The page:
RBI keeps repurchase rate unchanged, ‘accommodative’ stance
The Reserve Bank of India (RBI) on Friday kept its key interest rate unchanged for the third time in a row, as widely expected amid high inflation, and said it will maintain an accommodative stance, implying it could have more rate cuts in the future if necessary. emerges to support the economy hit by the coronavirus pandemic. The repurchase rate was unchanged at 4%, while the reverse repurchase rate or the key interest rate was unchanged at 3.35%.
RBI Governor Shaktikanta Das said the Monetary Policy Committee (MPC) voted unanimously to keep the buyback rate unchanged. He also said the economy was recovering faster than expected from a coronavirus pademic-induced recession earlier in the year, but cautioned that signs of recovery were far from wide.
“MPC decided to continue with accommodative monetary policy positions for as long as necessary, at least until the current financial year and next year in order to reactivate growth in a lasting way and mitigate the impact of Covid-19 while ensuring that inflation remains. inside the target, Das said. “MPC decided to continue with accommodative monetary policy positions for as long as necessary, at least until the current financial year and next year in order to reactivate growth in a lasting way and mitigate the impact of Covid-19 while ensuring that inflation remains. inside the target, Das said.
Repo is the rate at which the central bank lends funds to commercial banks when needed and is used by the RBI as a tool to control inflation. The reverse buyback rate is the rate at which the RBI borrows from banks.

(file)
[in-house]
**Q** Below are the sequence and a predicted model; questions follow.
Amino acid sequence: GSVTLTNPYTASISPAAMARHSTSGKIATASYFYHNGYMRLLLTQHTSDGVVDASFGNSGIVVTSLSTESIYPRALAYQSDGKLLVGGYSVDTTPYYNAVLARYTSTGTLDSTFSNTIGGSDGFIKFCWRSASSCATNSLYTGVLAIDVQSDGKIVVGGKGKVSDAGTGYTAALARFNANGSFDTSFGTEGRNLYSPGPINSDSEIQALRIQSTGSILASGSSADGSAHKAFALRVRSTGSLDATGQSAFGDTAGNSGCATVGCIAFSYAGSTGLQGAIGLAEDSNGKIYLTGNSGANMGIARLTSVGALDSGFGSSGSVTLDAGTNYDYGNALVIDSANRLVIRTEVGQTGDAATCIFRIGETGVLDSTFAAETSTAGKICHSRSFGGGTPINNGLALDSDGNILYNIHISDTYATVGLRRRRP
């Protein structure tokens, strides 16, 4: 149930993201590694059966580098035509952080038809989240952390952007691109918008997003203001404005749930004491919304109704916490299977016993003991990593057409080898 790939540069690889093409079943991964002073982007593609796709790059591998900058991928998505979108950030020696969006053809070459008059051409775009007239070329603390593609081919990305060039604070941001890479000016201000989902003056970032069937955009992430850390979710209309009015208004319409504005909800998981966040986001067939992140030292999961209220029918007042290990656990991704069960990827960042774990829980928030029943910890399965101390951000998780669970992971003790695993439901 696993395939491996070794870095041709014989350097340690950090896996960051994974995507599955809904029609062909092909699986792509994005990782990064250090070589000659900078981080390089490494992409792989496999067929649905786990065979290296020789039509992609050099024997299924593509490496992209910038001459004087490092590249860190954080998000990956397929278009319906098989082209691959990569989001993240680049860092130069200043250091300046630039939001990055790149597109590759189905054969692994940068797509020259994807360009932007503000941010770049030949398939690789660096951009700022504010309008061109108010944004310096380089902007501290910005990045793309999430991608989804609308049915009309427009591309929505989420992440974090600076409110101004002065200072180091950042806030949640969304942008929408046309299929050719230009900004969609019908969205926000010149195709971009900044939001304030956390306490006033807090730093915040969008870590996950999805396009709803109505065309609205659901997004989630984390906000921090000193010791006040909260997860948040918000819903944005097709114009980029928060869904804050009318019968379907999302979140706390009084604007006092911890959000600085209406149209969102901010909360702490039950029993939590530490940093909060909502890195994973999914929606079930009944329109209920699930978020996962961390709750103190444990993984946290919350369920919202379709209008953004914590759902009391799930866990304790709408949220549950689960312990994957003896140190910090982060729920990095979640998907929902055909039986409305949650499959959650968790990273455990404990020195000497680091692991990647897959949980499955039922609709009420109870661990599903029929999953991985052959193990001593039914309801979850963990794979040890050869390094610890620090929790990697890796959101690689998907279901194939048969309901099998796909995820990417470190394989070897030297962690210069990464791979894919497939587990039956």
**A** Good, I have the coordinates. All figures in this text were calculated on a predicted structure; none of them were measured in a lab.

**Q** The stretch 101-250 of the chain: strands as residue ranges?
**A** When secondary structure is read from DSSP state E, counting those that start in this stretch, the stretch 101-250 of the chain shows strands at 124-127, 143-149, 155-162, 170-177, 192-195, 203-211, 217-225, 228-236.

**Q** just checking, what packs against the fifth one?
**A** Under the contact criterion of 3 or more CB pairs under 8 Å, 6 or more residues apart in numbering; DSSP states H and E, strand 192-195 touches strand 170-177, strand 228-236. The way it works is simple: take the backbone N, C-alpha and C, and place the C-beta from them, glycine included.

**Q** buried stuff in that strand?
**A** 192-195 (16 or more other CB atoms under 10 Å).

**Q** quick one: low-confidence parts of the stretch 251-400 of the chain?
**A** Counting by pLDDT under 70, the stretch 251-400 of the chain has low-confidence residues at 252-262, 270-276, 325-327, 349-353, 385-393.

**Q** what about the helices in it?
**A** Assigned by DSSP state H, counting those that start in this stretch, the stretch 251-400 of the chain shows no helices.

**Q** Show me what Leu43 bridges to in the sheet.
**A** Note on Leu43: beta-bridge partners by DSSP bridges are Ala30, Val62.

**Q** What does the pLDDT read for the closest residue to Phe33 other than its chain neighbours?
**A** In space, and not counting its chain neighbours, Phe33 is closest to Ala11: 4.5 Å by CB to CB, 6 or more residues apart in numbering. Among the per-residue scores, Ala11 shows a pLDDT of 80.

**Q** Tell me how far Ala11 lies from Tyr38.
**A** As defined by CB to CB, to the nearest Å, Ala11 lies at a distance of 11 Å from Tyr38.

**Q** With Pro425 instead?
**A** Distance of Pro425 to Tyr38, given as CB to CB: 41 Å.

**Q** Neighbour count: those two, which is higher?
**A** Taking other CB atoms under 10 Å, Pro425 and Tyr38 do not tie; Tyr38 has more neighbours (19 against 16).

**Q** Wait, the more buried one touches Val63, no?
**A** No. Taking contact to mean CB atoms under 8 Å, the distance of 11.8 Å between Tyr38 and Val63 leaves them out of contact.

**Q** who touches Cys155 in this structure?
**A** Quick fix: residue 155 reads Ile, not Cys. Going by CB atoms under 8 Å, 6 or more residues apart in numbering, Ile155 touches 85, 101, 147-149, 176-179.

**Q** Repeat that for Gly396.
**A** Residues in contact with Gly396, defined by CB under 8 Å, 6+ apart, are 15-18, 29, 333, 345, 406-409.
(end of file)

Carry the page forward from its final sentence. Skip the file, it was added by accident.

The RBI has cut the buyback rate by 115 basis points or bps since the end of March to cushion the impact of the coronavirus crisis and radical blocks to control its spread. However, inflation has been consistently above the upper limit of the 2% -6% target range required by the RBI every month except March this year, and core inflation also remains sticky.
Das also said that the Permanent Marginal Facility (MSF) rate and the bank rate were unchanged at 4.25%. The central bank also changed its target for real GDP for fiscal year 21, predicting the economy to contract 7.5% from a previous estimate of a 9.5% contraction. “Real GDP growth for fiscal year 21 is projected at -7.5% versus -9.5% projected previously and the second quarter of fiscal year 21 is expected to show positive GDP growth,” Das said.
The Indian economy, which contracted 23.9% in the first quarter of 2020-21 mainly due to a national lockdown due to the Covid-19 pandemic, saw some improvement in the second quarter as the contraction slowed to 7.5%. However, retail inflation continued its upward streak for the ninth consecutive month to hit 7.61% in October, the highest since May 2014.
Das said on Friday that the MPC expects this trend to persist and that the inflation outlook has turned “adverse.” The MPC expects inflation in the current quarter to be 6.8% before cooling slightly to 5.8% in the January-March quarter. Das also noted that consumer confidence for next year has turned positive.
The RBI had last revised its policy rate on May 22, in an off-policy cycle to stimulate demand by lowering the interest rate to a record low. The 26th rate setting MPC meeting with three external members – Ashima Goyal, Jayanth R Varma and Shashanka Bhide – started on December 2. This is the second meeting of the members, who are appointed for a four-year term.
The government transferred the interest rate setting function from the RBI governor to the six-member MPC in 2016. Half of the panel, which is headed by the governor, is made up of independent outside members.
MPC was mandated to maintain annual inflation at 4% until March 31 of next year with an upper tolerance of 6% and a lower tolerance of 2%.
(With contributions from the agency)